Wavelet transform – the basics

Recently I’ve been reviewing wavelet transform. I think some points are worth sharing. In this first post, I would like to mention the basics of wavelet transform and its main features.

A probably most important question that comes to mind is why we need another transform when we already have Fourier transform. The answer lies in the signals that we want to analyze. If we take any periodic signal that is stationary (e.g., Pulse train) then Fourier transform is the right tool because its frequency components don’t change in time. Let’s take another case when the signal changes in time (chirp signal).

Classical Fourier transform cannot determine frequency components of such signal because it doesn’t carry any information about signal time scale. Of course, it is possible to cheat with Short Time Fourier Transform (STFT) when the signal is analyzed in short chunks, but again there is a problem of resolution – the shorter chunks give better time resolution, and longer – better frequency resolution. You can find more info on this by looking for Heisenberg’s Uncertainty Principle. So there is always a tradeoff between both. A fundamental limitation of Fourier transform is in its base function, which is a cosine wave. Its nature tells that it is meant to analyze periodic signals.

This is where Wavelet Transform (WT) enters. Its base function is called a wavelet which is short duration function with specific center frequency.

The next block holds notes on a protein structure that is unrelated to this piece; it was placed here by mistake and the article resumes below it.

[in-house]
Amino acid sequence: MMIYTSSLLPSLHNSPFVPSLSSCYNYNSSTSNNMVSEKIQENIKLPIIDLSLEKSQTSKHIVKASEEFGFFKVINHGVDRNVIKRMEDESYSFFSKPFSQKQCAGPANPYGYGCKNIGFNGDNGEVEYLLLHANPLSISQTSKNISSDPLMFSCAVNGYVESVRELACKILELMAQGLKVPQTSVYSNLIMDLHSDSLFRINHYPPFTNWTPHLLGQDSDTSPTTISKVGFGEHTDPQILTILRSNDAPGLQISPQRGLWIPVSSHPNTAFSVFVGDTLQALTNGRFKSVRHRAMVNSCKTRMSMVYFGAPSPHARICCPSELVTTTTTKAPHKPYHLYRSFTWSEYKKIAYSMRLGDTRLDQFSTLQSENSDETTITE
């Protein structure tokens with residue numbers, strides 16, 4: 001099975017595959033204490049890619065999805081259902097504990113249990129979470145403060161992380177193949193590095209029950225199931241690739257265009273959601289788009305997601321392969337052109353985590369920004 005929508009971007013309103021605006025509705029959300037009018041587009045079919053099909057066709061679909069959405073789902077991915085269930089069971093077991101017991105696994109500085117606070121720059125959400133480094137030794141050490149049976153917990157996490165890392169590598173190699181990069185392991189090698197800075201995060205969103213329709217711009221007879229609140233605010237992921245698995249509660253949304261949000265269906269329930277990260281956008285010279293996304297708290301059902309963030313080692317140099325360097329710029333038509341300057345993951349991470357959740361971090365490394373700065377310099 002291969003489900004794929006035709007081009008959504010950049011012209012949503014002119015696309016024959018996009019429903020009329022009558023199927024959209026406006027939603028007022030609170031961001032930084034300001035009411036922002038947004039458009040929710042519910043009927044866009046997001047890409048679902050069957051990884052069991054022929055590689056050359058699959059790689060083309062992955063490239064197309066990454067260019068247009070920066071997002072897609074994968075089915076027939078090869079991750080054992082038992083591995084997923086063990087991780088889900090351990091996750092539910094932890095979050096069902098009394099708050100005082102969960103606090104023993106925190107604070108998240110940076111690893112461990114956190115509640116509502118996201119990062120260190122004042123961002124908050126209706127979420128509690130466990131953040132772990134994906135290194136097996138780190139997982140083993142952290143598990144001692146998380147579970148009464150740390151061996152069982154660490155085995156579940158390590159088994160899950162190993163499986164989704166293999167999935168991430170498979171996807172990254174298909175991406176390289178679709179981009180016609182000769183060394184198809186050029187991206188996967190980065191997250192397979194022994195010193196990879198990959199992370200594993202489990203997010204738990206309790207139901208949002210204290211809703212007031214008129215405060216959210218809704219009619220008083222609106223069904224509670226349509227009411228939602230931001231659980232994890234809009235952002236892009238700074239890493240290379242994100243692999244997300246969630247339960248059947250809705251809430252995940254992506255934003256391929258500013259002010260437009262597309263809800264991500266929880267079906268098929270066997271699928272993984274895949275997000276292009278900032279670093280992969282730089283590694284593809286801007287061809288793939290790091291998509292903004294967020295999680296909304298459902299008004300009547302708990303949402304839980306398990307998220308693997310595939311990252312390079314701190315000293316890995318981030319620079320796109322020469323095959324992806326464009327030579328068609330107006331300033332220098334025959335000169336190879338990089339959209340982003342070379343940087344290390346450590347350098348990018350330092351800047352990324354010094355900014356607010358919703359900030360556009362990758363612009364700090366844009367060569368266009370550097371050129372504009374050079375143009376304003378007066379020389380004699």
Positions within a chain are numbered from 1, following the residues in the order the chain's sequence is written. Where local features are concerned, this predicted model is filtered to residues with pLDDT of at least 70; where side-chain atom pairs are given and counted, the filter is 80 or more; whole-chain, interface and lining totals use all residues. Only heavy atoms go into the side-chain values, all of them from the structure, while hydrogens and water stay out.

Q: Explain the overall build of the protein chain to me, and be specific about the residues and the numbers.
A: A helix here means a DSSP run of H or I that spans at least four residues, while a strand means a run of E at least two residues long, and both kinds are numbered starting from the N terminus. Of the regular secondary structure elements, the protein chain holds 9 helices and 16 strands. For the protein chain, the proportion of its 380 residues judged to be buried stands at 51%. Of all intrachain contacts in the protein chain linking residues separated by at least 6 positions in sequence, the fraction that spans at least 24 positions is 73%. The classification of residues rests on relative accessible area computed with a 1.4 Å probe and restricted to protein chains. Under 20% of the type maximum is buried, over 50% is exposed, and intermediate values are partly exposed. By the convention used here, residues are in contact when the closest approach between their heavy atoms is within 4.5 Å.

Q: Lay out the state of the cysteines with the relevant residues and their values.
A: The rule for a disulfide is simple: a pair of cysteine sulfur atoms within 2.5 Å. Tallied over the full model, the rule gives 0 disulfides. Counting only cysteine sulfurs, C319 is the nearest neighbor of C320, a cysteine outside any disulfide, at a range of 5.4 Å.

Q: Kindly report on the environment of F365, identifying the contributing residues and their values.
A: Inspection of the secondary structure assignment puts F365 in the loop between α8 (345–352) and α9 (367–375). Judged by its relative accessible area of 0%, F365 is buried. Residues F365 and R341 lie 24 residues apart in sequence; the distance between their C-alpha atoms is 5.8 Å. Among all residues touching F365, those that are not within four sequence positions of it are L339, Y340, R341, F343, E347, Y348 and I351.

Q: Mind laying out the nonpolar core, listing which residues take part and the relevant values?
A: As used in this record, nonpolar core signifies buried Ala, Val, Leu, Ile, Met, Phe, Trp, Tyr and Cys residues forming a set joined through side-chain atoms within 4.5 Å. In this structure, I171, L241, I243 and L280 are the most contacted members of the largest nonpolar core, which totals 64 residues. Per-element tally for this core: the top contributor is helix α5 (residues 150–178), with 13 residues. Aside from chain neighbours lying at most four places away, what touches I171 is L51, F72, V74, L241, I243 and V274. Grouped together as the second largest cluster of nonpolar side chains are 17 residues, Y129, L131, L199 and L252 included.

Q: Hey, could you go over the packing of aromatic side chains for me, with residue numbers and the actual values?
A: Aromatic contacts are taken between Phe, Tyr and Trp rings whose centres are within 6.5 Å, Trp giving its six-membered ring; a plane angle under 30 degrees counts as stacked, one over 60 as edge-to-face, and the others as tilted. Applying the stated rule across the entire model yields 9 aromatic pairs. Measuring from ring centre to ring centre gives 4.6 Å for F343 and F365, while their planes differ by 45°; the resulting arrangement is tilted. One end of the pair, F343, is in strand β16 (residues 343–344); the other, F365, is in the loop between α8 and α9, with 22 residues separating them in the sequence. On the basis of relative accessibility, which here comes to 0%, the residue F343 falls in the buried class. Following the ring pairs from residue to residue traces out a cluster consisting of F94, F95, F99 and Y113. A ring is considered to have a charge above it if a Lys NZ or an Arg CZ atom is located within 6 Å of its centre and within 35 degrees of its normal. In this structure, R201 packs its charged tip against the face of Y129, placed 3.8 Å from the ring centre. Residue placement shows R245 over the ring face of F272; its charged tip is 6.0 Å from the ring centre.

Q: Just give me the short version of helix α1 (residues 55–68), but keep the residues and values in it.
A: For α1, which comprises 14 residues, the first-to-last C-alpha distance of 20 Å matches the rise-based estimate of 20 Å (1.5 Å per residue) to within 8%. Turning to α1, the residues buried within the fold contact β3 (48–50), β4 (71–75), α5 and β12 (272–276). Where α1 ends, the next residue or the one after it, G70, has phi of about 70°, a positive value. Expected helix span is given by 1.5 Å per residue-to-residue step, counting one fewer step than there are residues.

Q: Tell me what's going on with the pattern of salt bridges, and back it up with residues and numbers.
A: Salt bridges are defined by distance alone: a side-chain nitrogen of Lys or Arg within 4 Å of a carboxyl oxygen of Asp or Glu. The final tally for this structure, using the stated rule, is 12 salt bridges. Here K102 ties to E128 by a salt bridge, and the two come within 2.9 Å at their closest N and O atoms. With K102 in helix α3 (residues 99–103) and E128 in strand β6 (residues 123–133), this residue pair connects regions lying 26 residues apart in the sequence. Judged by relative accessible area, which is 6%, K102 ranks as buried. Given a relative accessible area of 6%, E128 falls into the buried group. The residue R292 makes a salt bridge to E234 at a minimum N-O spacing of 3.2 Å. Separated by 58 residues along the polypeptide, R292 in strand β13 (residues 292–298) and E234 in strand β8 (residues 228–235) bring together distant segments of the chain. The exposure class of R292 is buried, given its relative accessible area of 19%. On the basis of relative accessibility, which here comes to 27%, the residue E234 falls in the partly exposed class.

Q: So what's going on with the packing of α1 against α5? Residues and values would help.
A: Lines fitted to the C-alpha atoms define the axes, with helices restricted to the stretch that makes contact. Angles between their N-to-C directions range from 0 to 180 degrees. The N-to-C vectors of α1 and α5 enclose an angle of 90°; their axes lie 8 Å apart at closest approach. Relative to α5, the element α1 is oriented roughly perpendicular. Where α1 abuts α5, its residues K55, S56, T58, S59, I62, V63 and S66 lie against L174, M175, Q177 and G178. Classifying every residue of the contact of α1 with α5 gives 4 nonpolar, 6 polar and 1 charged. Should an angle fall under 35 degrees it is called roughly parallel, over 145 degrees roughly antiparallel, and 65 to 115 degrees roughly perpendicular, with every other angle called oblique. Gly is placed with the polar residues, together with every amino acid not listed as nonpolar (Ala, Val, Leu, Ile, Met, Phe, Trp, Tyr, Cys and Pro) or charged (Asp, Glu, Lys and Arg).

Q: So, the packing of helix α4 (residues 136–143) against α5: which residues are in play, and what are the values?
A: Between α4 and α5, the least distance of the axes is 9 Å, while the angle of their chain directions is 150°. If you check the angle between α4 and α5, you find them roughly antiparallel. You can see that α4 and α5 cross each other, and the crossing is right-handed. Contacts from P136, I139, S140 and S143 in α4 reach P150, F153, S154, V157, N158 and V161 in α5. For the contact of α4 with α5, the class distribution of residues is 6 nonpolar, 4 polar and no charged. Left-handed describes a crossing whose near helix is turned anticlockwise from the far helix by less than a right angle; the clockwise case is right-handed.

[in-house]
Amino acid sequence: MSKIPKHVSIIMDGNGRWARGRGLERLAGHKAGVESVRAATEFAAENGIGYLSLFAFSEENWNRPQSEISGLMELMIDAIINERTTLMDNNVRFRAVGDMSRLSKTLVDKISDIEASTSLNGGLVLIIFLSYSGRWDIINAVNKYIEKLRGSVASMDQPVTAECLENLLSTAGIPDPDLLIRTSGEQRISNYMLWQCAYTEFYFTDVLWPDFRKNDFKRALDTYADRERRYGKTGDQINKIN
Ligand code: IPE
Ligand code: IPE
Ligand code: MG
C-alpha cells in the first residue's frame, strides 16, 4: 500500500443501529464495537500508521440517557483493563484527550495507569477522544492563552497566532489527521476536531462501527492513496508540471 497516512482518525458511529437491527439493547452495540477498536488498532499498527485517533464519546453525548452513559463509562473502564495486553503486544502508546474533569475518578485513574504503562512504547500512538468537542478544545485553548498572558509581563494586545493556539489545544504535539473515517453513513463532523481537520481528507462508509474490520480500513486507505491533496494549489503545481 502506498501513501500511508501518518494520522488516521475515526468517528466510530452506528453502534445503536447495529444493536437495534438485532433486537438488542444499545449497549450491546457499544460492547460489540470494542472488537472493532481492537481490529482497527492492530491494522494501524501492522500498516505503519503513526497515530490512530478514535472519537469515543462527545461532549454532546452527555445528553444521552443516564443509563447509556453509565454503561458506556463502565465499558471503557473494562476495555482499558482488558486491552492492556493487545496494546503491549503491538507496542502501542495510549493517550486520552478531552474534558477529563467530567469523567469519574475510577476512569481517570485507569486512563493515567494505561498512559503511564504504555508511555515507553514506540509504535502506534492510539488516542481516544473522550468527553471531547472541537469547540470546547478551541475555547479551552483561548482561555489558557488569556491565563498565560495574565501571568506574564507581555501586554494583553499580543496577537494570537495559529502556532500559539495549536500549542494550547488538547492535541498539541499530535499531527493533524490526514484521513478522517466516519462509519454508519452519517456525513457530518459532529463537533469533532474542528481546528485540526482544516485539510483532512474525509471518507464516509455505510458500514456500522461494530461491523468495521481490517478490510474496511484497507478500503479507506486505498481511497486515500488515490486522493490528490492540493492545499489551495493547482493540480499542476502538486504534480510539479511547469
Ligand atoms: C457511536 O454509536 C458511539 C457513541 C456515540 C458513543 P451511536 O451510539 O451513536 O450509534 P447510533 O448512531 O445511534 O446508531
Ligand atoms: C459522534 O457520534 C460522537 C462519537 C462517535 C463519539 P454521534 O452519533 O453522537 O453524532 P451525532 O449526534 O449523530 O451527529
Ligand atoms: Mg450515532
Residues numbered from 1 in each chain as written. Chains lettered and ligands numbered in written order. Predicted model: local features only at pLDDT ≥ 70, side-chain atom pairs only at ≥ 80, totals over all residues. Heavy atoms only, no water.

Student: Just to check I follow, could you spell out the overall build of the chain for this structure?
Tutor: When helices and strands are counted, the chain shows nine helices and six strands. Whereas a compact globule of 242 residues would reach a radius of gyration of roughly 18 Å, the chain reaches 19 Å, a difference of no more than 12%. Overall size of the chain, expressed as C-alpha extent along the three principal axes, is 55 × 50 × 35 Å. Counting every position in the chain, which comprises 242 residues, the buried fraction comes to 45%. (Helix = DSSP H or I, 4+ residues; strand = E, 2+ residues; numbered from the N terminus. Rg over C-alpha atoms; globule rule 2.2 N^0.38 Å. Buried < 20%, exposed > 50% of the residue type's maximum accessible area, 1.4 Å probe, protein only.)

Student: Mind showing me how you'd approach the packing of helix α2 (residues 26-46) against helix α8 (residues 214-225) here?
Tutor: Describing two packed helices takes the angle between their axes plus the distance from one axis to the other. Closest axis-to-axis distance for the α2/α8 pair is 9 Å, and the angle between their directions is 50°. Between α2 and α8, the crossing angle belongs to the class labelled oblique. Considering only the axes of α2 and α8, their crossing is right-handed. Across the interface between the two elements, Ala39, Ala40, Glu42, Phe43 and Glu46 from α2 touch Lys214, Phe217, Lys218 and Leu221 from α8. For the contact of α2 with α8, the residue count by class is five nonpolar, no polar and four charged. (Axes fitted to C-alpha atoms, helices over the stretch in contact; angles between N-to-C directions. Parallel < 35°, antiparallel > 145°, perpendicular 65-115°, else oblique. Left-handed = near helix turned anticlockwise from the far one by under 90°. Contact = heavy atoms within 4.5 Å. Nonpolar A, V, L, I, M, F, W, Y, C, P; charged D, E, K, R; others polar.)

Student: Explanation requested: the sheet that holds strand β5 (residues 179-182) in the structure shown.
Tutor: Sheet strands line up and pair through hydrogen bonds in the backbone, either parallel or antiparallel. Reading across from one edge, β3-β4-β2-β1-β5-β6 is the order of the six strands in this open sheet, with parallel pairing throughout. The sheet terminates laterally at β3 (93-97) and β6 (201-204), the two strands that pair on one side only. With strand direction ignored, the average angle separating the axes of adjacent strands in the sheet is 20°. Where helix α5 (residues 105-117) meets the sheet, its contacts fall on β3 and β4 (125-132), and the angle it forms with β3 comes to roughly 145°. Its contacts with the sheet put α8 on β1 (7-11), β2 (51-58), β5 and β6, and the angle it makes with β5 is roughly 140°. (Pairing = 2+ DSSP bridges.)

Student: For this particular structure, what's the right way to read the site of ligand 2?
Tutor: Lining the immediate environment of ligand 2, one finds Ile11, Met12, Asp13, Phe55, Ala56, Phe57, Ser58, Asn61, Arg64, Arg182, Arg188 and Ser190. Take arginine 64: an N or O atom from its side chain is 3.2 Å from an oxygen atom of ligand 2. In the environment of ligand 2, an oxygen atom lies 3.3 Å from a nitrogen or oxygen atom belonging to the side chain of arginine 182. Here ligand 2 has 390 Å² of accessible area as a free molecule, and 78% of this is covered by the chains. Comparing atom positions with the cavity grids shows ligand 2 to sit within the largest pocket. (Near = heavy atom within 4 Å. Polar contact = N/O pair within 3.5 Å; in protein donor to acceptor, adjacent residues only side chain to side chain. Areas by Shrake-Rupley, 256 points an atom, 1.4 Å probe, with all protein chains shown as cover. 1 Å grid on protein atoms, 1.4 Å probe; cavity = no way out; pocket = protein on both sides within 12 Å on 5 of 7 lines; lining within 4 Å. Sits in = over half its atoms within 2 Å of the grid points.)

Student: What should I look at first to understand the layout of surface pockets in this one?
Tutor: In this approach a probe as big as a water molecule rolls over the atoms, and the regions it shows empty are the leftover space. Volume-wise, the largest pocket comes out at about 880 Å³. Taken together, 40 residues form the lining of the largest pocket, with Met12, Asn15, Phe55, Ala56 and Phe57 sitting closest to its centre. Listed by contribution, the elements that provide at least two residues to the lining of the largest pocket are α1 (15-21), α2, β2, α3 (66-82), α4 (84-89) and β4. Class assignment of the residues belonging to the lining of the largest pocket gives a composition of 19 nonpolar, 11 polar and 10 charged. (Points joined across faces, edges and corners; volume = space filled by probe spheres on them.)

There are many types of wavelet functions that have their unique names. Since wavelets are limited in time, analyzed signals are deconstructed into wavelet domain which carries time and frequency information. Resolution problem is solved by its nature – by scaling and shifting operations during transform process. Wavelet transform goes as follows: short wavelet is shifted along analyzed signal where scalar multiplication (similarity) is performed at each point.

Then wavelet scale is changed, and the process is repeated until whole spectrogram is generated. Wavelet spectrogram can be displayed on the nice 3D graph where one axis represent scale, another shift (translation), and third – amplitude.

As you can see, the low scale represents high frequency component change along translation axis, while large scale gives low frequency data.

Next time we will get in to wavelet transform practical uses.